Elgin Peppers, Devon Broad Beans, Bristol tomatoes

 

There were blackcurrants (Renfrewshire), blackberries (Worcestershire) and black tomatoes! (Bristol)

Blackcurrants renfrewshire, Blackberries Worcestershire, Black Tomatoes Bristol

We mustn’t forget the strawberries!  This was another autumn planting versus spring planting trial.  Alongside this we also tested out our ‘Berry Quick’ product line of commercially ‘frozen’ strawberry plants that guaranteed fruit within 30 days of planting.  The Berry Quick did indeed produce fruits within 30 days for all of our gardeners, but the taste of the spring and autumn planted strawberries were preferred universally by our group proving that a longer and slower growing season is worth the wait.

Pictured here are the strawberry crops of our gardeners in Surrey, Renfrewshire and Ceredigion.

Surrey, Renfrewshire, Ceredigion strawberries

We trialled the late sowing of annuals and perennials in late summer.

Cheshire Godetia

In particular the Godetias impressed (pictured here in our Cheshire gardener’s plot).   These plants gave vigorous and long lasting blooms for many gardeners, and perhaps most impressive for many was the fact that it is a variety not grown so often.

Though a summer annual, these plants also proved to be reasonably cold tolerant with our Pontypridd gardener reporting that his Godetia still had flowers even after the first hard frosts in his area.

Late sown annuals in late September

Otherwise the annuals grown were workhorse varieties such as Calendula, Marigolds, Cornflowers and Alyssum, all of which produced beautiful mixed beds of flowers for our gardeners.  Pictured here is our Surrey gardener’s annuals bed pictured in late September in a prime condition.

Of the late sown perennials we shall have to wait until 2015 as these young seedlings have all been tucked up safely in greenhouses and coldframes around the UK to sit out the winter.  We are promised Echinacea, Poppies, Aubretias, Hollyhocks, Aquilegia and Lavender so watch this space.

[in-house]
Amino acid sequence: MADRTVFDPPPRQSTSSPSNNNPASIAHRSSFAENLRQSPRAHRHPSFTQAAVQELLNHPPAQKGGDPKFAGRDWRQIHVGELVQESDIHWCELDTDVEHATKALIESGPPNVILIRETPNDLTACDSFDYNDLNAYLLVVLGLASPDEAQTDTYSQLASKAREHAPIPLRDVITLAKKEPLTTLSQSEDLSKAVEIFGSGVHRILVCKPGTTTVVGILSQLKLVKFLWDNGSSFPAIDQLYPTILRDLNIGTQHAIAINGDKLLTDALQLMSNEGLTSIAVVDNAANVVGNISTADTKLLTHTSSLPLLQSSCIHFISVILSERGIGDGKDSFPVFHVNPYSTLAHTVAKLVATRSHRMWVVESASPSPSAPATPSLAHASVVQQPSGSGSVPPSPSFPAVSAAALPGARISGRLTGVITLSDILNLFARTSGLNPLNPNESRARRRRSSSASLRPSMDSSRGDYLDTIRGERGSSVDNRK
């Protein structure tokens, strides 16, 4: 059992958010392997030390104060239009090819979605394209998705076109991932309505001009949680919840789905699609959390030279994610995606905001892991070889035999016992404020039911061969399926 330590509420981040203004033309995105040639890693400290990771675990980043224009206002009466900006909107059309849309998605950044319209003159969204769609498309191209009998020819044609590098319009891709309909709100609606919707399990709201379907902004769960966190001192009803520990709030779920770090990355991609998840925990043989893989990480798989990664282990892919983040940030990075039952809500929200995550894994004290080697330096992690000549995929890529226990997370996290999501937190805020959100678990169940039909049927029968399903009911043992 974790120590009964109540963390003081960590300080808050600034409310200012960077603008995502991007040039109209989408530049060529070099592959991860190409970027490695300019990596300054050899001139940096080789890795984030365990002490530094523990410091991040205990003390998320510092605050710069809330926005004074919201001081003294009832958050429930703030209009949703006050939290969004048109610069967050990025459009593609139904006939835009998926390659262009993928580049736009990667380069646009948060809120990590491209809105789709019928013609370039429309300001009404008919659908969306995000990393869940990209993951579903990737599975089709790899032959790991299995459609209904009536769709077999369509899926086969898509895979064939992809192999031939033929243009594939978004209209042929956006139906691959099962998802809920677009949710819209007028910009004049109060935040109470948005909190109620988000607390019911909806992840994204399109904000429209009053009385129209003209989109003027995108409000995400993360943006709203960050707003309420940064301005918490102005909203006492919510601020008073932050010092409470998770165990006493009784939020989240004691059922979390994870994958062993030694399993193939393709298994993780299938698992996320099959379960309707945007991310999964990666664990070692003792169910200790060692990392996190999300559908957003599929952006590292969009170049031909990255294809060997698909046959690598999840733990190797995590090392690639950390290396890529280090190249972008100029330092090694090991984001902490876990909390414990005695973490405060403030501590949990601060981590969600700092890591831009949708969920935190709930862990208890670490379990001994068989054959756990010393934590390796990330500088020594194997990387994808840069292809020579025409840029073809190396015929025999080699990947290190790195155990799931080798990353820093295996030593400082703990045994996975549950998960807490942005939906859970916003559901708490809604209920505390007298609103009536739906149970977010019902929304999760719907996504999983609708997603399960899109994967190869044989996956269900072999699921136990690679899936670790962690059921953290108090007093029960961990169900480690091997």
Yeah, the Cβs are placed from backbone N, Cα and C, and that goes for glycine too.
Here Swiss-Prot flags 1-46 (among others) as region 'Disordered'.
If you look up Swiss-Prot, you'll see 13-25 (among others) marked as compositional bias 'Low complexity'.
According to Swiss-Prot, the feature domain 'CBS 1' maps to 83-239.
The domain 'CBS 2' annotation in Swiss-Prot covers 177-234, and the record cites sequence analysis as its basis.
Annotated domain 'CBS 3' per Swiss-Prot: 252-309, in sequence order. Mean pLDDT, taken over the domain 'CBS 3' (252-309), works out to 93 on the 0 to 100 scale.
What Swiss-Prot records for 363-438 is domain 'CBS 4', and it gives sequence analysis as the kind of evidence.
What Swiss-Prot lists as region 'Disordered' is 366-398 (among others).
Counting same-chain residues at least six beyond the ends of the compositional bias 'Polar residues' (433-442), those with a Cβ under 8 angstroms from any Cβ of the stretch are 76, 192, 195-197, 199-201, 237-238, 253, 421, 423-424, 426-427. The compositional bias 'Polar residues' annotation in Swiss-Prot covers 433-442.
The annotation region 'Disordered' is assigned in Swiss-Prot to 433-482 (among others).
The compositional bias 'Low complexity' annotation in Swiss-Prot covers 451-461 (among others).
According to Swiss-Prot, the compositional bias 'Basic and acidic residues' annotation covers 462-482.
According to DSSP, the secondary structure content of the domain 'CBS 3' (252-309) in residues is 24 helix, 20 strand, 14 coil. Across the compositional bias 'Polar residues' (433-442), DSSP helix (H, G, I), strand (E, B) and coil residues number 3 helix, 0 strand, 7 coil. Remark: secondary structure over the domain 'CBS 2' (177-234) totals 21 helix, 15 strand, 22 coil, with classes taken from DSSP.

Later in the year we asked our gardeners to plant mini plug pansies for overwintering.

Pansies in Bristol

The variety dispatched to our gardeners is a trailing pansy called Cool Wave, a breeding break-through which is the first true trailing pansy to be grown from seed.  Our gardener in Bristol was soon enamoured with her small pansy plants posting in these wonderful portraits of their individual personalities!

We asked our gardeners to plant out winter peas – Pea Meteor – and to leave them to the elements.  In the more northerly parts of the UK, the elements took these plants pretty quickly.  We shall see how our south-based gardeners get on with these plants early in 2015 and if they get a welcome early crop of peas from them as a result of the plants enduring a UK winter.

Herrtfordshire Christmas potatoes in November

Christmas potatoes were also planted in early autumn.  However, Christmas came early for many of our gardeners!

The warm and late summer weather, where we had lots of warm days right through September and into early October pushed these plants on faster than anticipated.  The plants grew and then died back prematurely forcing the tubers to be lifted in October and November for many.  Our Pontypridd gardener is determined to lift on Christmas Day though, so we shall see what hides under the compost once he has had chance to turn them out.

Pictured here is our Hertfordshire gardener’s potato crop.  Not huge, but good to get a new potato taste late in early winter.

As we slip into the depths of winter, our gardeners are tending overwintered salad crops and some very special woodland strawberries. Bob Flowerdew supplied Mr Fothergill’s with a yet-to-be-named variety and so our gardeners are going to be testing them out alongside the nurserymen at Mr Fothergill’s in Kentford.  We don’t know much about these plants yet and so our group of gardeners will help us determine the growing and cropping habits of these plants.

It has been a busy year for our group of gardeners and one that has been fruitful, both figuratively speaking and literally!  Follow us into 2015 for more gardening adventures with our group as we see what year two brings for many of the plants.